The Times has published plenty of articles and op-ed pieces about climate change. But there's not a lot of attention to individual responsibility, in terms of the decisions the little people make day in and day out, year in and year out, and the impact of those decisions on the earth. In the article "Study Details How U.S. Could Cut 28% of Greenhouse Gases," published last month, Matthew L. Wald focuses on regulatory change that would force consumers and government bodies to reduce energy consumption.

These are important points. Moreover, town and city management should focus on encouraging rather than discouraging walking, cycling and use of public transit. But there's another major piece of the puzzle: Individuals, and especially those who are well-off or relatively so, need to take responsibility for reducing their own carbon footprint.

The editors of the Times ought to be using their considerable informational power to encourage individual choices that reduce energy use, rather than suggesting travel itineraries that will only contribute to global warming.

14 December 2007

Electric Bug

The idea sounded simple, and the instructions were clear enough. They involved two short pieces of wire, a flashlight bulb, a C battery, pipe cleaners, and some stiff paper. One piece of wire gets taped to the negative end of the battery and up along the side of the battery; the other piece gets wound around the bulb which then gets taped onto the positive end of the battery. The other ends of the wires stick out the top: antennae; the pipe cleaners and stiff paper get cut down and attached as legs and wings. (I departed from protocol and used duct tape for the wings to match the completely duct-tape-covered battery/body.) The kid is supposed to touch the two antennae to various household objects and see if the "nose" lights up to learn about conductivity.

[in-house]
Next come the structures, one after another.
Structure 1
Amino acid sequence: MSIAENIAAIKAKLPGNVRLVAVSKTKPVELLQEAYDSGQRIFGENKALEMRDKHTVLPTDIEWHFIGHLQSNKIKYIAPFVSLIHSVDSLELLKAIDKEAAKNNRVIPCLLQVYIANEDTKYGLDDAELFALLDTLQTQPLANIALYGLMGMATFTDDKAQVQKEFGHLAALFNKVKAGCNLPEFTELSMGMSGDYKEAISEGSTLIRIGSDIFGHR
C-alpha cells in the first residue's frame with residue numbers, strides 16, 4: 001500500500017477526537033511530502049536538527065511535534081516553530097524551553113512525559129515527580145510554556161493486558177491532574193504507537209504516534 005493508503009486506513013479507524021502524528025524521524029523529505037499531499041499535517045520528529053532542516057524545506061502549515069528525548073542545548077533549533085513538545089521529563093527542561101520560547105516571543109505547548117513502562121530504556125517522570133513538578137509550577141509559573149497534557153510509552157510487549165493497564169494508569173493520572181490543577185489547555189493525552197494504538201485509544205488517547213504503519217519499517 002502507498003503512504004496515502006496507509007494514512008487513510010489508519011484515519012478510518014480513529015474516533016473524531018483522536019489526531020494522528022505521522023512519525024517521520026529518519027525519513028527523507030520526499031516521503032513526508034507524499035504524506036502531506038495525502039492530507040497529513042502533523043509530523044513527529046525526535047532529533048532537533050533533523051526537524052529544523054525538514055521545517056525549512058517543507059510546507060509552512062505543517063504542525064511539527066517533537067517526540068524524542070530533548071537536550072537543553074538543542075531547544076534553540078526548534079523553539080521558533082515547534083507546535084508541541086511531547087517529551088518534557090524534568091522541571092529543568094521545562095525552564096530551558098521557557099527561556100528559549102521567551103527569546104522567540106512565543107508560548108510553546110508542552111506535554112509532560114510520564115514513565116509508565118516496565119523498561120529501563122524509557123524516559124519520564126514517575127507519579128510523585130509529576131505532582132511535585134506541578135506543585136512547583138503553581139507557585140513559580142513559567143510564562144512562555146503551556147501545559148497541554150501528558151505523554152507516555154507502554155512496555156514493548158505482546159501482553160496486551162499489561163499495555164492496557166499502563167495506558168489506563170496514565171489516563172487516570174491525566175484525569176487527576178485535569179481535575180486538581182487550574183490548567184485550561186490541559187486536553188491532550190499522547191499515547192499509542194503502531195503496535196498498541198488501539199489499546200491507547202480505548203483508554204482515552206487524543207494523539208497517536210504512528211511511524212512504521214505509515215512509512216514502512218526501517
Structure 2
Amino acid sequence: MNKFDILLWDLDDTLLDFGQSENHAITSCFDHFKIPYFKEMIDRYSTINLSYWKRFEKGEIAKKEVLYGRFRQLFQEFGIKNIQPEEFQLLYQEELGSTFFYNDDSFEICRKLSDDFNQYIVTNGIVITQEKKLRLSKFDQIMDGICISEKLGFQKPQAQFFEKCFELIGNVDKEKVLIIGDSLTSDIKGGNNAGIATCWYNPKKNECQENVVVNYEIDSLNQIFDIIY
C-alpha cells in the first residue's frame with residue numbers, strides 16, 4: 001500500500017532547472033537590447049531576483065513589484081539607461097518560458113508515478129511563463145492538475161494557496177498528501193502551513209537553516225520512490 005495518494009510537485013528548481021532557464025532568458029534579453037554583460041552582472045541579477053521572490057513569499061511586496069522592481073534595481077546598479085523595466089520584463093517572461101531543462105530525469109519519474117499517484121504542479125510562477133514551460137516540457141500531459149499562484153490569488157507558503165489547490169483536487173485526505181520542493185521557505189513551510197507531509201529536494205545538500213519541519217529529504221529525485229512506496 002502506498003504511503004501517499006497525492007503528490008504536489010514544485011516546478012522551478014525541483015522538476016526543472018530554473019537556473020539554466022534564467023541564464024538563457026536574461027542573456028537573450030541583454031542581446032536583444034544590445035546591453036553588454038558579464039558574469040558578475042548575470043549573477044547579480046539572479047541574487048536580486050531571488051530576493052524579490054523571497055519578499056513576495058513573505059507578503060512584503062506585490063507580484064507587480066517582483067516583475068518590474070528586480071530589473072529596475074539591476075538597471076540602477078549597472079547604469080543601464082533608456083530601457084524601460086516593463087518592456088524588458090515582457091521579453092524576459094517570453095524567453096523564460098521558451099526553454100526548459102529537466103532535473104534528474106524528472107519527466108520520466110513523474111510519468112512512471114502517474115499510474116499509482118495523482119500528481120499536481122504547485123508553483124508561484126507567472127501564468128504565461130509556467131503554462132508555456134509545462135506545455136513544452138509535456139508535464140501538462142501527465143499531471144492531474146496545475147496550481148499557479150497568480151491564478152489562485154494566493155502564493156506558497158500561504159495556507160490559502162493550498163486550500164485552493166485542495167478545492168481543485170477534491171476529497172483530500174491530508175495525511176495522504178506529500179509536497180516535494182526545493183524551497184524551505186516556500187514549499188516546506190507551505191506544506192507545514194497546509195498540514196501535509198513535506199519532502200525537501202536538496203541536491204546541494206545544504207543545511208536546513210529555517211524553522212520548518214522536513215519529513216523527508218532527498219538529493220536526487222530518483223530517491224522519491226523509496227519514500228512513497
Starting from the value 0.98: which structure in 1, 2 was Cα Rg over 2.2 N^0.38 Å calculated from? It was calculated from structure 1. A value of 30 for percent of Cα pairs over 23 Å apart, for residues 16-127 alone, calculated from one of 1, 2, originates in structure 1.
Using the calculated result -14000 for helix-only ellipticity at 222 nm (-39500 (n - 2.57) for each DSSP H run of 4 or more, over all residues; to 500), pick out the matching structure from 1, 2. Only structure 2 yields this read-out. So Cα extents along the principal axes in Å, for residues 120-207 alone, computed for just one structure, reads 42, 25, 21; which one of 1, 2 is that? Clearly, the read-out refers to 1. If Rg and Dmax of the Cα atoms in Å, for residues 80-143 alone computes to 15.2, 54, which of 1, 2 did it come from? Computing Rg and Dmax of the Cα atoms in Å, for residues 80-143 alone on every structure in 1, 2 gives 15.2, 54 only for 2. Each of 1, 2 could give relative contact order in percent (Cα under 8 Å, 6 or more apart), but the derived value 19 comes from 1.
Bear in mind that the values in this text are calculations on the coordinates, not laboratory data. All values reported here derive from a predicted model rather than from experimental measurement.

How hard can it be?

How hard can it be to get the rounded bottom of the flashlight bulb to stay aligned with the round protrusion from the top of the battery?

With a kid poking and prodding and asking if it's done yet?

Well, it's done. The bulb is wiggly, but it is possible to wiggle it back into place. The conductivity testing part of the project was over in minutes and I found the thing lying around on the kitchen floor this morning.

This is why I don't home-school.

11 November 2007

Free Rice

Well, in honor of National Blog Posting Month I created a blog, but I've failed dramatically at posting daily. The Postmodern Beowulf sits, reproachful in its un-read-ness, by my bed.

Meanwhile, here's an odd but perhaps helpful way to get some food to folks who need it:


The idea: you test your vocabulary, and for each correct answer, ten grains of rice get added to the donation pile. Advertising at the bottom of the screen pays for the site. That's barely a forkful, so to do any real good you have to keep at it for a while. In a few minutes of quick clicking, I donated a couple thousand grains... a bowl or two? But there seem to be a large number of people at it, as the daily totals are quite impressive numbers.